I am writing with regard to a clause in the Improving Schools and Safeguarding Children Bill, namely "improving monitoring arrangements for children educated at home".
I believe that the inclusion of this clause is unwise and suggests that the government has not given due consideration to the principles of good legislation, namely that it should be proportionate, consistent and well targeted.
The clause is included in the Bill as a result of so-called evidence in the Review of Home Education, by Graham Badman (1) which was hastily conducted at the beginning of this year. The evidence and statistics in this review were not of a high quality, a point which Mr Badman now appears to concede as he has only recently (well after the publication of the Review) called for further evidence from local authorities to back up his foregone conclusions. (2)
Mr Badman's evidence has been subjected to scrutiny by home educating groups such as Action for Home Education (3). AHEd investigated his claims that there is sufficient evidence to prove that it will be necessary to monitor home educators more extensively and have found that contrary to the impression that the report gives, which largely consisted of the misleading claim that
"8.12 ...on the basis of local authority evidence and case studies presented, even acknowledging the variation between authorities, the number of children known to children’s social care in some local authorities is disproportionately high relative to the size of their home educating population"
in fact, that abuse of children in the home education is actually less than a quarter the rate of that found in the population as a whole. (4)
Basing policy and legislation upon the basis of a few statistical outliers, the reasons for which have not been investigated, is not sound procedure, and is likely to result in legislation which is neither proportionate, nor wisely targeted and which would be hugely wasteful in terms of money and manpower.
Further, there is good reason to believe that the full implications and consequences of implementing the recommendations in the review have not been considered. Baroness Morgan suggested (5) that no further funding would be necessary to implement the registration and monitoring arrangements, but given that implementation would involve a greatly extended workload for LAs, many of whom are already struggling to meet their responsibilities with regard to home educators, it is reasonable to assume that this will not be the case and that a considerable amount of funding will be required, much of which will be wasted investigating tens of thousands of well-functioning families.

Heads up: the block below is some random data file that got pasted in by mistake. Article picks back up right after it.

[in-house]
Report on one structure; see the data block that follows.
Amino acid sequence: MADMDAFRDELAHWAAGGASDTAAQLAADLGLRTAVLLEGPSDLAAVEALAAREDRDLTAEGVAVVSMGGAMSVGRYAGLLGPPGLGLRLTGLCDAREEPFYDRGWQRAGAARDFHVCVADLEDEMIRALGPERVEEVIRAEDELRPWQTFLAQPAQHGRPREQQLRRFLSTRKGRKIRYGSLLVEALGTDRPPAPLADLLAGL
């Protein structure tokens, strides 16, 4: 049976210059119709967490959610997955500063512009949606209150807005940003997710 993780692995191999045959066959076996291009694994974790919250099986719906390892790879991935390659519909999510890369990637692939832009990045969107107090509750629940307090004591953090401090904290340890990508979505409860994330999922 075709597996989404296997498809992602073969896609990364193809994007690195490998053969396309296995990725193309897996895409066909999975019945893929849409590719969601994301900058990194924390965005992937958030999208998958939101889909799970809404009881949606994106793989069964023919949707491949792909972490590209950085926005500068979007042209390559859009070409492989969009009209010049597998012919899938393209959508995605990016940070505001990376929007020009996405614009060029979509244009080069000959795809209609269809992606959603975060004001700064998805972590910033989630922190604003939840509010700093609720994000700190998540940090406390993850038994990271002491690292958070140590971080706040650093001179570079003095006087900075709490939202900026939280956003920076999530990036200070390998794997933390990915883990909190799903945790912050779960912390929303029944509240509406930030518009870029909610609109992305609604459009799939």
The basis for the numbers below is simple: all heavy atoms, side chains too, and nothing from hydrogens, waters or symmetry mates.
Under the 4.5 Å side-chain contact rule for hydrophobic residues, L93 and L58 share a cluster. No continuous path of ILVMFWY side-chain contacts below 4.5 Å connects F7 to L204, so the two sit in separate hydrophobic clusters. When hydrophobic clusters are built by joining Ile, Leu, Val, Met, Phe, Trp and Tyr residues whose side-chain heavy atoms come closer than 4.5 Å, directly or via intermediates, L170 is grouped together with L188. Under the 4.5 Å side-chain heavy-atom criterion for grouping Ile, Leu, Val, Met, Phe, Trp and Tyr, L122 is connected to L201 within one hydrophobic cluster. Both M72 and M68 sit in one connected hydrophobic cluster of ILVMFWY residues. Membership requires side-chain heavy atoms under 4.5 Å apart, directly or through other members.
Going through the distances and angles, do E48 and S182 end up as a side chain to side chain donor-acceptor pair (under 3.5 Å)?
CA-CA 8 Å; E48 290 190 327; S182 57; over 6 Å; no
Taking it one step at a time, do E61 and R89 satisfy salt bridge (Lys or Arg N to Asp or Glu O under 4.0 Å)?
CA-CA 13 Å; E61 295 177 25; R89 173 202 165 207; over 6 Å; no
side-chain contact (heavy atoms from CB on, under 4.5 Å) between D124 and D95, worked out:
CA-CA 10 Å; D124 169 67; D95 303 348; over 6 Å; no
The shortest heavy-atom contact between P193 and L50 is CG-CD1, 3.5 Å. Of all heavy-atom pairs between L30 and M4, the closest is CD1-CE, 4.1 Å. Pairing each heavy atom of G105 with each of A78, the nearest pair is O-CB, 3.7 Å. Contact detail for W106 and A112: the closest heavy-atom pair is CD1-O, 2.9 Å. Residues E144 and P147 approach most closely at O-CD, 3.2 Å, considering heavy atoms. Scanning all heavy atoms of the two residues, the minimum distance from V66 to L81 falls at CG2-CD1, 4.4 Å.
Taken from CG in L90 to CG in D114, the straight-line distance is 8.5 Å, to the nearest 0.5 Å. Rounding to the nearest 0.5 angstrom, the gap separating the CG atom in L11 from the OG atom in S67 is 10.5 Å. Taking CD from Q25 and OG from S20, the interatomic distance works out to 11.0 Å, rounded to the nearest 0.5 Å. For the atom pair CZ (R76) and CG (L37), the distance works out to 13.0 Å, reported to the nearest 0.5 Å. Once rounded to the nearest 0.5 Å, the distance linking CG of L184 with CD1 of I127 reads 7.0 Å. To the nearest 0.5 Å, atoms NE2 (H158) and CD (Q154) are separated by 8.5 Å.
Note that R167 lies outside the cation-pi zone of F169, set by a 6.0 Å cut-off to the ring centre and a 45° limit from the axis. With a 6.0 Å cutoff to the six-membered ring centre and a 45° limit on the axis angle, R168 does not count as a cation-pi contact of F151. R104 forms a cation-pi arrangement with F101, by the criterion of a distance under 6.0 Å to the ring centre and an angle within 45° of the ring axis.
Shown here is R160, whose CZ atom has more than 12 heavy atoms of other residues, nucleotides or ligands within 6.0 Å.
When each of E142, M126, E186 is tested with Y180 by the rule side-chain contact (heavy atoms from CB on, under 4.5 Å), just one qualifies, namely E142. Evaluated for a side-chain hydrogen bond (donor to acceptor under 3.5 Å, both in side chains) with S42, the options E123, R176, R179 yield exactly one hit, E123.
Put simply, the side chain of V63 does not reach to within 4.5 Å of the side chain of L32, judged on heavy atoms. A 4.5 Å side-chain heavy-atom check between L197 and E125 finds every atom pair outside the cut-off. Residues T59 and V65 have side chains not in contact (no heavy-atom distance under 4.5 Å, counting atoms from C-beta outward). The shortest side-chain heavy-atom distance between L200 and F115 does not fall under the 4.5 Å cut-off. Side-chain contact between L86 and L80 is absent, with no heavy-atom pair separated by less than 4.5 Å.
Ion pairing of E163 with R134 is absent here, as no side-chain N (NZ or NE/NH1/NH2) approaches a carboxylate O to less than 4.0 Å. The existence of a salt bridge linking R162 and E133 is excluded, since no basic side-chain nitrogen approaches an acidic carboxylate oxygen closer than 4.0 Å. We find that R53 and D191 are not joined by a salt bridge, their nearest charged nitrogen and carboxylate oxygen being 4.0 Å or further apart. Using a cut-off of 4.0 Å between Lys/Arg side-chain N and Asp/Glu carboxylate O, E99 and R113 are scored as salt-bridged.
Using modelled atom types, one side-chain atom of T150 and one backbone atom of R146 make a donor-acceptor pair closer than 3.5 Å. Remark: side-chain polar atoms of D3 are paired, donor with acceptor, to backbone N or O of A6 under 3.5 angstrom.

The fact that home educators will resist the implementation of these recommendations should also be factored into the considerations about funding.
There are other issues of serious consequence, for example there does not appear to have been given due consideration to the legislative and constitutional implications of legislating for the Review's recommendations. Legislating to monitor home educators more extensively in order to assess for educational attainment will impact the interpretation of sections of legislation, such as s7 of the 1996 Education Act, (6) and upon s436a of the Education and Inspections Act 2006. (7) which will henceforth have to be interpreted as meaning not simply that parents must provide a seemingly suitable education, but that they must ensure that their children attain a suitable education. This will impact on all parents everywhere, not simply upon home educating ones, and for the law to remain consistent, should mean that schooling parents should also be held to similar account.
The many questions about the Review and its recommendations have resulted in an inquiry into it which is being conducted by the Children, Schools and Families Select Committee (8). There is also a public consultation currently underway on the registration and monitoring proposals (9).
We do not know when the Select Committee will announce its findings but we would not expect anything to be available before the Queen's Speech. Furthermore, the public consultation does not close until October 19th, which suggests that there will not be enough time consider the input from stakeholders before rushing to primary legislation.
Several hundred home educators have been to see their MPs about this issue, raising many questions with regard to the Review's recommendations. We do not envisage that this clause will procede without extensive debate about it's disproportionate and poorly targeted proposals.
1. Home Education Review, Graham Badman
2. DCSF call for supplementary evidence to bolster the conclusions of the Badman Report in advance of Select Committee questions
3. Action for Home Education (AHEd)
4. Figures on Abuse in the Home Education Community:
5. Baroness Morgan on cost implications of the review:
6. Education Act 1996 s7.
7. Education and Inspections Act 2006 s436a
8. Select Committee Inquiry into the Badman Review
9. DCSF public consultation on registration and monitoring of home education